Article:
Year of Faith

Two-day event opens with music and adoration

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PROVIDENCE — The opening of last weekend’s Eucharistic Congress was celebrated with prayer and music, as well as a Mass attended by more than 250 participants Friday evening at St. Pius V Church in Providence.

Click here to view additional photos of the Eucharistic Congress.

Although the Year of Faith concludes this Sunday, those who attended the Eucharistic Congress said that doesn’t mean their devotion to the Lord will end. From members of local youth groups to longtime Catholics, many of them said their faith has grown stronger this year.

“I learned that Jesus isn’t just inside of me, he is me,” said Virginia Joye, 12, who recently traveled to Rhode Island from England to visit family.

Others feel that same power of Christ.

Paula Marchetti, who has for about 15 years been a member of the St. Pius choir, which performed during the Eucharistic Congress, said her trust in the Lord has intensified.

“It gives me the courage to move forward and be the best Catholic I can be,” she said. “Our faith helps us to never give up.”

Aside from the Mass, which was celebrated by Father Adam Young, associate pastor of St. Augustine Church, Providence, the event featured keynote speaker Mike Patin, as well as the exposition and solemn procession of the Blessed Sacrament. Confessions were also heard, along with a nocturnal adoration of the Blessed Sacrament, following the Mass.

“Jesus was right there, and I felt at peace knowing he was so close to me,” said Josiah Morrison of Providence, noting that the Year of the Faith helped him to focus on strengthening his relationship with God.

Lisa Romano, a parishioner of SS. Peter and Paul Cathedral, agreed. She said she enjoyed the Year of Faith, and took advantage of the opportunity for confession Friday night, as it helps to build her faith.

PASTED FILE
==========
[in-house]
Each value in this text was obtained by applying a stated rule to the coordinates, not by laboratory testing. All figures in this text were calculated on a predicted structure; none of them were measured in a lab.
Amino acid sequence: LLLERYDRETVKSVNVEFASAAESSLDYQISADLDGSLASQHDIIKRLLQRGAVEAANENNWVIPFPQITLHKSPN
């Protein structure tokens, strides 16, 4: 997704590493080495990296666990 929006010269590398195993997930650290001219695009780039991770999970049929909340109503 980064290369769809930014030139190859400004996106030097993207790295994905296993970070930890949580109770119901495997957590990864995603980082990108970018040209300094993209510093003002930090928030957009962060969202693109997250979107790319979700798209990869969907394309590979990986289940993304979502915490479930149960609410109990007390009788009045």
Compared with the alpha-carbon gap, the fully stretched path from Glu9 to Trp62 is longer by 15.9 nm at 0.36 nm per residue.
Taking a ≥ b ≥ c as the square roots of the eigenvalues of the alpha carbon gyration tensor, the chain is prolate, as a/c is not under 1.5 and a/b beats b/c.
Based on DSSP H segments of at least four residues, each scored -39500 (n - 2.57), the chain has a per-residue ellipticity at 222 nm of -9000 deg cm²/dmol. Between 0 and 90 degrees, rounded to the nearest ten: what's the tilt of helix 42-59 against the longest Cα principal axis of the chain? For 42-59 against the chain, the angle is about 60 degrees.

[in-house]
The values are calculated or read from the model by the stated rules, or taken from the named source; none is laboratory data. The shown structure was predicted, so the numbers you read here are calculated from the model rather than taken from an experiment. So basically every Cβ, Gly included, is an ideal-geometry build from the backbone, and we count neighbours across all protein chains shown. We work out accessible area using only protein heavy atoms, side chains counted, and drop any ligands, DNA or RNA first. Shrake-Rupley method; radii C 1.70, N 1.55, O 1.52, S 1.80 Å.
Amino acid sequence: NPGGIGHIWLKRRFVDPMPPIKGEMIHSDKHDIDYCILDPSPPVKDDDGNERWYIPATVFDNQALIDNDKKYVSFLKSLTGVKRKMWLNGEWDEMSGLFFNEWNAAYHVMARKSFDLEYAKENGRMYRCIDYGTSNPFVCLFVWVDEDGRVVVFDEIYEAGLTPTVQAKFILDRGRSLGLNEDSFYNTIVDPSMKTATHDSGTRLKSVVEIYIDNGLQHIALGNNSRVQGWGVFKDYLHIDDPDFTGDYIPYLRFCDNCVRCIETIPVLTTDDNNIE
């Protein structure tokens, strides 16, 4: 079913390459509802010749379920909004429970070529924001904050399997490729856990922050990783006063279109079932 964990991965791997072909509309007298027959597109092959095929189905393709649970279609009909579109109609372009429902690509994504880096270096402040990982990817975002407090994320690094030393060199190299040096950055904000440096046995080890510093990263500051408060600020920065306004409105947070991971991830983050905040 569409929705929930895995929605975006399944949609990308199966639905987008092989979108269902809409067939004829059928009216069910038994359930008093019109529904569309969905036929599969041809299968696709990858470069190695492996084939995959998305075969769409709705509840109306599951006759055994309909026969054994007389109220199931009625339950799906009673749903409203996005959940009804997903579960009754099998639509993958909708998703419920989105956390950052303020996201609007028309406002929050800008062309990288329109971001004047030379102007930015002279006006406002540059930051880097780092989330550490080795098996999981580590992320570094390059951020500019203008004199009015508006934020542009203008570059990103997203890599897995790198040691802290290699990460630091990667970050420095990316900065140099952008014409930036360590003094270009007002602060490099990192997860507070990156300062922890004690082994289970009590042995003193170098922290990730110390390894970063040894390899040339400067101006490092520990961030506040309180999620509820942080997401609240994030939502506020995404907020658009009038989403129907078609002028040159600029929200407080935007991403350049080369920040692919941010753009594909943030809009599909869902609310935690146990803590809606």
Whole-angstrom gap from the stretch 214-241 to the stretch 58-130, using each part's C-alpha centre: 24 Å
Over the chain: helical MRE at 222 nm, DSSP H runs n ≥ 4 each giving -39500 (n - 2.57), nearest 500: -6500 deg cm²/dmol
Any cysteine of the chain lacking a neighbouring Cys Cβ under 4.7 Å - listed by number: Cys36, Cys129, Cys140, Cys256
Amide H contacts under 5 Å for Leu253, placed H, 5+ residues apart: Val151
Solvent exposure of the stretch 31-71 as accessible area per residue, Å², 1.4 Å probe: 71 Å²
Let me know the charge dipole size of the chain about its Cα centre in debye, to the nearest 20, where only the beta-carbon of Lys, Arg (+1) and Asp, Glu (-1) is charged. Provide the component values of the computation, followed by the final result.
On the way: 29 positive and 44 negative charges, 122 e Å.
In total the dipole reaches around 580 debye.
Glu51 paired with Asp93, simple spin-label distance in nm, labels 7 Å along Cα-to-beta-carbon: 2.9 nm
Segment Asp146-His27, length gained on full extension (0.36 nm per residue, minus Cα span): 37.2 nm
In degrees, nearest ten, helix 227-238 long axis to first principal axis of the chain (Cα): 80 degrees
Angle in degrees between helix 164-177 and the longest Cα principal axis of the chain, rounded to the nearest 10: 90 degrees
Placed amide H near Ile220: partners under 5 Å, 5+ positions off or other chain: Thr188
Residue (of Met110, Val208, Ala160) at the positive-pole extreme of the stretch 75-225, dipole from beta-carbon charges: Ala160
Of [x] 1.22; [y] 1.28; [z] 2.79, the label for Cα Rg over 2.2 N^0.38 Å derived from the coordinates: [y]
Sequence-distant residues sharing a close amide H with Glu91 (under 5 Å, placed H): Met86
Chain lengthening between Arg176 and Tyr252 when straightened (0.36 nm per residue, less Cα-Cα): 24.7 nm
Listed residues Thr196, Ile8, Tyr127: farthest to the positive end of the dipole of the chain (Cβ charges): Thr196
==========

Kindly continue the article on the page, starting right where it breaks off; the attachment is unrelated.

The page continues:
“It is pertinent that we use all the sacraments given to us by God, confession especially,” she said. “Confession is the best thing for the soul [because] it removes the sin in our souls. When we utilize it, we get graces that we can’t even imagine we have – overcoming sin, temptations, obstacles, vices – things we understand and things we don’t understand.”

Father Young’s homily focused on a topic some people may not understand: Faith is not a theory, but a close connection with Christ. It is, he said, an encounter with others, with Jesus Christ.

“How can we have an encounter with Jesus and not be changed?” Father Young said. “How can we not understand ourselves better? Every person who had encountered the Lord has been changed…We are truly ourselves in relation to Christ. Without him, we are lost. At the center of that calling is the Eucharist.”

Patin, a former high school teacher and coach, as well as a former youth minister, spoke about understanding the true presence of the Lord in the Eucharist. He explained that it means much more than just receiving holy Communion during Mass and responding, “Amen.”

“When he or she says, ‘The Body of Christ’ and I say, ‘Amen,’ I also think, ‘I understand my job.’ I try to emulate and become who I receive and be present to those who come across my path,” Patin said. “Become who you receive. That is our call, our invitation and challenge.”

Tomi Waters, 17, and Paige Carmicheal, 15, parishioners of SS. Rose and Clement in Warwick, as well as members of the Parish’s senior youth group, are up for that challenge. Tomi said she connected with Patin’s words about receiving the Eucharist.

“It almost brought me to tears,” said Tomi, a senior at Warwick Vets High School.

Through the Year of Faith, Waters, along with Carmichael, said they discovered a deeper meaning of their religion. As time goes on, they said, they are learning more and more, especially about the Eucharist.

“When I was younger, I never knew we were celebrating the Last Supper,” Tomi said.

For Paige, a sophomore at Toll Gate High School in Warwick, the Year of the Faith has made her unafraid to display her devotion to God.

“It made me bring it out into the world,” she said. “Before, I wouldn’t say grace at school during lunch because I was afraid of what people would think. Now, I say grace at school, and say the Rosary on the bus.”

Tomi said she used to feel bullied when she was younger, as a few of her peers poked fun at her for enjoying CCD class. At times, she would tell them she wasn’t enjoying it to avoid ridicule.

These days, all that has changed.

“If someone were to say that to me now, I would say, ‘yes. I want to be here,’” she said.

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